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Tales of Al Capone’s Jury

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A few weeks ago my mother asked me to research a bit of family lore. Like a good daughter sometimes does, I forgot. But then! Then I saw the exact same question in our “Ask A Librarian” service! (For background, patrons may send a question through the Library of Congress “Ask A Librarian” service. These questions then are compiled into a database where reference librarians can claim questions to answer, which is usually within within 5 days.)

This particular question was from a woman wondering if her grandfather had served on Al Capone’s jury. In my family, my grandmother had always maintained her father was foreman of the jury that indicted Al Capone. She had tales of going on dates with the Secret Service agents following her to make sure she stayed safe and of Al Capone’s gang threatening her nephew. The details were outrageous enough to be believable, but the fact that her family lived in Atlanta during that time made my mother suspicious.

Group portrait of the twelve-man jury selected=A group portrait of the twelve jurors is available from the Library of Congress and is listed in the catalog. While the jurors can be seen, unfortunately the names of the jurors are not listed on the photograph.

Luckily, the National Archives and Records Administration has an exhibit called American Originals. Included in that exhibit is the document where the U.S. district court renders its verdict against gangster Al Capone on October 17, 1931, with a list and signatures of the jurors. NARA also has more information on Capone in that exhibit.

In the end, neither my great-grandfather’s name nor the patron’s grandfather’s name were listed on the jury list. It seems that saying you were on Al Capone’s jury was a very popular boast to make!

Update: Over on our Facebook page, someone asked why the jury was all men. The jury is all male because women were not serving on juries in 1931. “As late as 1942 only twenty-eight state laws allowed women to serve as jurors, but these also gave them the right to claim exemption based on their sex. The Civil Rights Act of 1957 gave women the right to serve on federal juries, but not until 1973 could women serve on juries in all fifty states” as seen on an American Women page from the Library.

Comments (14)

  1. Fascinating post, Christine. I was always under the impression that the identities of jurors are kept secret, or is that just TV crime fiction stuff when their lives are in peril? And in MY family, my grandmother said HER grandfather helped convict John Brown in Harper’s Ferry…

  2. Thanks for the post and the links to the NARA info, Christine.
    Burr Dugan, the farmer on that jury, is my great-grandfather.
    I have a scan of a photo that was published in the Chicago American. It looks very similar to the group protrait at the Library of Congress that you linked to, but this one lists names, occupations and home town for the jurors.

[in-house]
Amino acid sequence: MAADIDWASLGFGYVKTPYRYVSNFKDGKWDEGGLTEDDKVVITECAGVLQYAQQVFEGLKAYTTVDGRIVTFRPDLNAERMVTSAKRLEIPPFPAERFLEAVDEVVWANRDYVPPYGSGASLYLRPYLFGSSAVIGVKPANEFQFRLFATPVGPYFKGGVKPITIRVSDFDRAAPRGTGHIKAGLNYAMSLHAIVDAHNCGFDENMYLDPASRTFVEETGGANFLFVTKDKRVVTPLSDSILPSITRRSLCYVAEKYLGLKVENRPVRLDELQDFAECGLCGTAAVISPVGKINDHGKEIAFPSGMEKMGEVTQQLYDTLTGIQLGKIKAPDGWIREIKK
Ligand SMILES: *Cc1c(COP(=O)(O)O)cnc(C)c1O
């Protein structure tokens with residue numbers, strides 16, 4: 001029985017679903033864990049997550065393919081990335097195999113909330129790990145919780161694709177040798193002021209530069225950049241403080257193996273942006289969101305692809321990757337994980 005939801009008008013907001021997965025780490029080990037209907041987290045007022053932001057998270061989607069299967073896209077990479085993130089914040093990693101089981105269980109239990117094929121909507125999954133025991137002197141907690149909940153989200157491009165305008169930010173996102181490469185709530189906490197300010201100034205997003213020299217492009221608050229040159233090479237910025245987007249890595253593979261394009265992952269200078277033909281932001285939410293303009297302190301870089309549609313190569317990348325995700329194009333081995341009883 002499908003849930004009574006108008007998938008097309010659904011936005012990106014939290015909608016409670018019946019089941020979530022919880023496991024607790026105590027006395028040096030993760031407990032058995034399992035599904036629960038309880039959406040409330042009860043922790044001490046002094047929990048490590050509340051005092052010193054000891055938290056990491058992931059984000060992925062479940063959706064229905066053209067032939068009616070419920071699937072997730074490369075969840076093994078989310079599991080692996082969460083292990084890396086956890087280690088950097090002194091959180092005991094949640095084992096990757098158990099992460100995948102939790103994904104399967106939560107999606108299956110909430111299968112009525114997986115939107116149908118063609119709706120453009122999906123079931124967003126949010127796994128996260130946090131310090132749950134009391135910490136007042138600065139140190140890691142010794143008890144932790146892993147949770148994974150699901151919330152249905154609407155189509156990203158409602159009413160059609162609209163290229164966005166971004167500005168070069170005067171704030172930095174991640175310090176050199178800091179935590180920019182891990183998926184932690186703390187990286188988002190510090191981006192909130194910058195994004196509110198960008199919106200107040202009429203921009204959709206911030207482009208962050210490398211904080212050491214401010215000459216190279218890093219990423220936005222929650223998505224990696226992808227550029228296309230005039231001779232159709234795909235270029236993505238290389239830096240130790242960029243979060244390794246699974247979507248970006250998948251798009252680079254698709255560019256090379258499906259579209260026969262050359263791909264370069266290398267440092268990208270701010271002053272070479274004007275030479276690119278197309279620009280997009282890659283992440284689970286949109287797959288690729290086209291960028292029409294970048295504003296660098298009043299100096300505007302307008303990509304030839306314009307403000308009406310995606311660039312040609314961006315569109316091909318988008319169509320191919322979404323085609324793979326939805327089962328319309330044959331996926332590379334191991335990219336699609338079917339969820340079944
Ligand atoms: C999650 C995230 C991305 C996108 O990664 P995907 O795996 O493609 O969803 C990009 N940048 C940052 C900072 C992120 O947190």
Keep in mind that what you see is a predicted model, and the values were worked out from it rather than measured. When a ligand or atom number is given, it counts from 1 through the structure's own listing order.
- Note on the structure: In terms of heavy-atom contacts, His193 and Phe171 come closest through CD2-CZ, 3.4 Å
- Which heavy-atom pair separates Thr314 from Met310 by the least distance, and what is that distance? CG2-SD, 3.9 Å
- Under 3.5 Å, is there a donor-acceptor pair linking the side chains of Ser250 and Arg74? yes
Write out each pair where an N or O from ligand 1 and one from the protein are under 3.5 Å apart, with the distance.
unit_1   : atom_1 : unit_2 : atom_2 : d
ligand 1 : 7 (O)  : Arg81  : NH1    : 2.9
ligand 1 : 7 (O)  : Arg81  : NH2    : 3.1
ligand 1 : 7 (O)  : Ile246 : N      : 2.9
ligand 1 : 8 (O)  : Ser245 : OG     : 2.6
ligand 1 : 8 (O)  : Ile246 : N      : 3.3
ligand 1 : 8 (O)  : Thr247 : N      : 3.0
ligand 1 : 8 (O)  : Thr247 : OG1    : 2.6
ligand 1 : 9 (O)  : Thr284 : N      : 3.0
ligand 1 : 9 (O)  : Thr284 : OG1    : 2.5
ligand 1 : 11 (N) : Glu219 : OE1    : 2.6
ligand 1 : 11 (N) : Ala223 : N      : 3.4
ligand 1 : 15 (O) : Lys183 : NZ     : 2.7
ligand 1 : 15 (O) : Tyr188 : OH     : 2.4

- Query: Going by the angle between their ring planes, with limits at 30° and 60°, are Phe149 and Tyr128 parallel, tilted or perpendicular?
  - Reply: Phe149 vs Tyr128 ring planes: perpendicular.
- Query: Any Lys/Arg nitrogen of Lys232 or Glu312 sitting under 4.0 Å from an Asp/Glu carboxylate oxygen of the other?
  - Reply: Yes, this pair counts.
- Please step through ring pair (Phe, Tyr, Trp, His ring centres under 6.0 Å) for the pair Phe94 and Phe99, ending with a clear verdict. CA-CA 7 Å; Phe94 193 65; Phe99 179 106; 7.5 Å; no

3. Christine,

    Your grandmother may have been correct. Your great-grandfather may well have been on the jury that “indicted” Al Capone. Understanding the federal criminal courts will help. It is the “Grand Jury” that renders indictments. It is the “Petit Jury” that determines guilt or innocence. Two completely different juries. Grand Juries are secret by their very nature, while petit juries sit in open court. A simple internet search will explain these differences.

  4. Chiristine, understanding a bit about the rules of criminal procedure in the federal court system may be helpful. The “jury” that indicted Capone is a “Grand Jury” which is very different and distinct from the “petit jury” identified in the photograph, and the jury that convicted Capone. The proceedings of the Grand Jury, under the rules, are secret. Their decision, a “true bill” or “no true bill” are the stuff of indictments.

  5. Several weeks ago, an old classmate contacted me on Facebook. We were chatting, and she revealed that both our grandfathers were on that jury. It was never spoken of when I was growing up, and so I got rather intrigued. I looked at the list of juror signatures, and sure enough, there they both were! I’m so glad I found this post!

  6. I was always told that my grandads sister married Stanley Petkus who was on the jury who sent him down but not sure now.

  7. There is a third jury to consider: the compromised jury that Judge Wilkerson dismissed at the last moment as Capone’s trial got underway, exchanging it with another seated jury across the hall. I don’t know if the names of those jury members, some of whom had apparently been bribed by Capone’s men to return a not-guilty verdict, but your ancestors may have been among them.

  8. My great-grandfather, John Adam Walter, was the foreman of the jury who convicted Al Capone. My grandmother would recall going into the city to bring him food and clothes as he was sequestered. John was from DuPage County. The first jury had been bought off so they empaneled a new one from men in DuPage County. John is in the front row on far right.

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